When February rolls around, some people start getting tired of winter. It’s been cold since November, and thoughts of spring are starting to infiltrate everyday life. The temperature is low, the winds are strong, and the sun is barely out. The winter can give a lot of people Seasonal Affective Disorder, also known as SAD. Also known as the “winter blues,” the Mayo Clinic’s website describes SAD as
type of depression that occurs at the same time every year. If you’re like most people with seasonal affective disorder, your symptoms start in the fall and may continue into the winter months, sapping your energy and making you feel moody.
US News Health reports “women ages 20 to 40 are twice as likely as their male counterparts to be diagnosed with SAD, likely owing to a hormonal link. But men aren’t immune—especially if depression runs in their family.”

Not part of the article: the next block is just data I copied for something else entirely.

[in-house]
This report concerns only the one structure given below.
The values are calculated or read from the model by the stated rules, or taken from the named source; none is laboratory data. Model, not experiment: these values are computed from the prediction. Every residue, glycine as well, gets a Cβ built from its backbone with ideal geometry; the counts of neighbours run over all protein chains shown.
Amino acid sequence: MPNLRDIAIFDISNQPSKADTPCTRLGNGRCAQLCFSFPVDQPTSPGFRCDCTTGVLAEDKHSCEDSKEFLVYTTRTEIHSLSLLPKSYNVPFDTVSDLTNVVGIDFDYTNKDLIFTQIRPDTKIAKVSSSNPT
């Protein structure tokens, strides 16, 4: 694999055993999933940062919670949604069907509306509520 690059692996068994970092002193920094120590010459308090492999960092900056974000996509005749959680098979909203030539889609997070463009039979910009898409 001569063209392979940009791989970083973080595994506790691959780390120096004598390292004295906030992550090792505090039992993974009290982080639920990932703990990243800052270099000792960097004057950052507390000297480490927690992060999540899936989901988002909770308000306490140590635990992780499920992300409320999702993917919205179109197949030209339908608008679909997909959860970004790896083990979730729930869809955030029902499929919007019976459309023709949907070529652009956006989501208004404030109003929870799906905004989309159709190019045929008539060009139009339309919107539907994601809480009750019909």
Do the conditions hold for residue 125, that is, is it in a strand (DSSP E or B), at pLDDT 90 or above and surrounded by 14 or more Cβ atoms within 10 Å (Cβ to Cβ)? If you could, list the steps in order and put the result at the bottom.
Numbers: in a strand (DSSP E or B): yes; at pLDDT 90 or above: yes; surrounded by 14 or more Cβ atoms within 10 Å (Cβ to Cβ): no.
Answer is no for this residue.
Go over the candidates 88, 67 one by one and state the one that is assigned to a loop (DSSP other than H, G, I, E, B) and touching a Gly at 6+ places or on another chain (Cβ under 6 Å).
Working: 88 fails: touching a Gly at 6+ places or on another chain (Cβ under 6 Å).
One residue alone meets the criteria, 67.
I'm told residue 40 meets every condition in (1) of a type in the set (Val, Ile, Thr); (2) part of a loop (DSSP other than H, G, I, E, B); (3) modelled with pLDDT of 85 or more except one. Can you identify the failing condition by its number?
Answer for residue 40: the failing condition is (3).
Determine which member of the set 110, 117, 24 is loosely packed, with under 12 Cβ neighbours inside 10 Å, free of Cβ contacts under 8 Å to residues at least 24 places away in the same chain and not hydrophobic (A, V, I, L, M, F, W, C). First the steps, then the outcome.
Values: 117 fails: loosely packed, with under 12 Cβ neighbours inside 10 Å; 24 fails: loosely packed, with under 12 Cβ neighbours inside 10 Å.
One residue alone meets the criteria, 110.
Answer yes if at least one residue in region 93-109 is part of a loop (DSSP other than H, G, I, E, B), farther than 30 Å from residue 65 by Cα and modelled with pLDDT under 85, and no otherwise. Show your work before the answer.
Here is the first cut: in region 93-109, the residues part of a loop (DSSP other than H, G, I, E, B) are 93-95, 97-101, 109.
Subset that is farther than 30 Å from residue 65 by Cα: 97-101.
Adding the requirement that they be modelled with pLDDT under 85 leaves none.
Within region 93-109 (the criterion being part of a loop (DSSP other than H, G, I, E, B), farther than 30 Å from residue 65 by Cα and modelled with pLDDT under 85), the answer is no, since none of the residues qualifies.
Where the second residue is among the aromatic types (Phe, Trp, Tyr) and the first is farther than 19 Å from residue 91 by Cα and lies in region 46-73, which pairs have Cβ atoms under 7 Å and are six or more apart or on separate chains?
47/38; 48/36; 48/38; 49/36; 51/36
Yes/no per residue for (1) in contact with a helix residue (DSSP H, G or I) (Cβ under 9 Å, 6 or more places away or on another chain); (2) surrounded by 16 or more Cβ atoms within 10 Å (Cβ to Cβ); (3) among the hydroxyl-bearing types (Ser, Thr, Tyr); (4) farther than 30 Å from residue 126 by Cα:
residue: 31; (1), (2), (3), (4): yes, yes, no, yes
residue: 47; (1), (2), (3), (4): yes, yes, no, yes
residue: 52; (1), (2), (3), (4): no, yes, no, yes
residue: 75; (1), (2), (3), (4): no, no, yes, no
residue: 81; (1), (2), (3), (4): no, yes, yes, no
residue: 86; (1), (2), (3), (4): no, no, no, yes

In the winter months a lot of people don’t go outside for their exercise (running, biking, etc.) and sometimes stop doing physical activities they enjoy. Janis Anderson, a psychologist at Brigham and Women’s Hospital in Boston, says that exercise indoors is a great way to combat SAD. Exercising in the morning (if your schedule permits) is even better. The Ray has a lot of windows to let light in so you can get a lot of natural light. Try running on the top floor track where you can see the skyline!
Also make sure you are heating healthy. US News says to “Gravitate toward proteins and low-glycemic foods i.e., foods that don’t send blood sugar levels soaring.” It can be challenging, but planning your meals in advance (such as the day before) can be beneficial. Pre-pack a lunch if you spend all day in the loop (or don’t have time to go home while at the Lincoln Park campus).
Winter quarter is hard because we can’t go outside to do our homework. Papers, tests, and projects keep us busy enough, but it is important to care of your mental health. Consider seeing a doctor or therapist. DePaul offers University Counseling Services to students if you want to talk to a professional.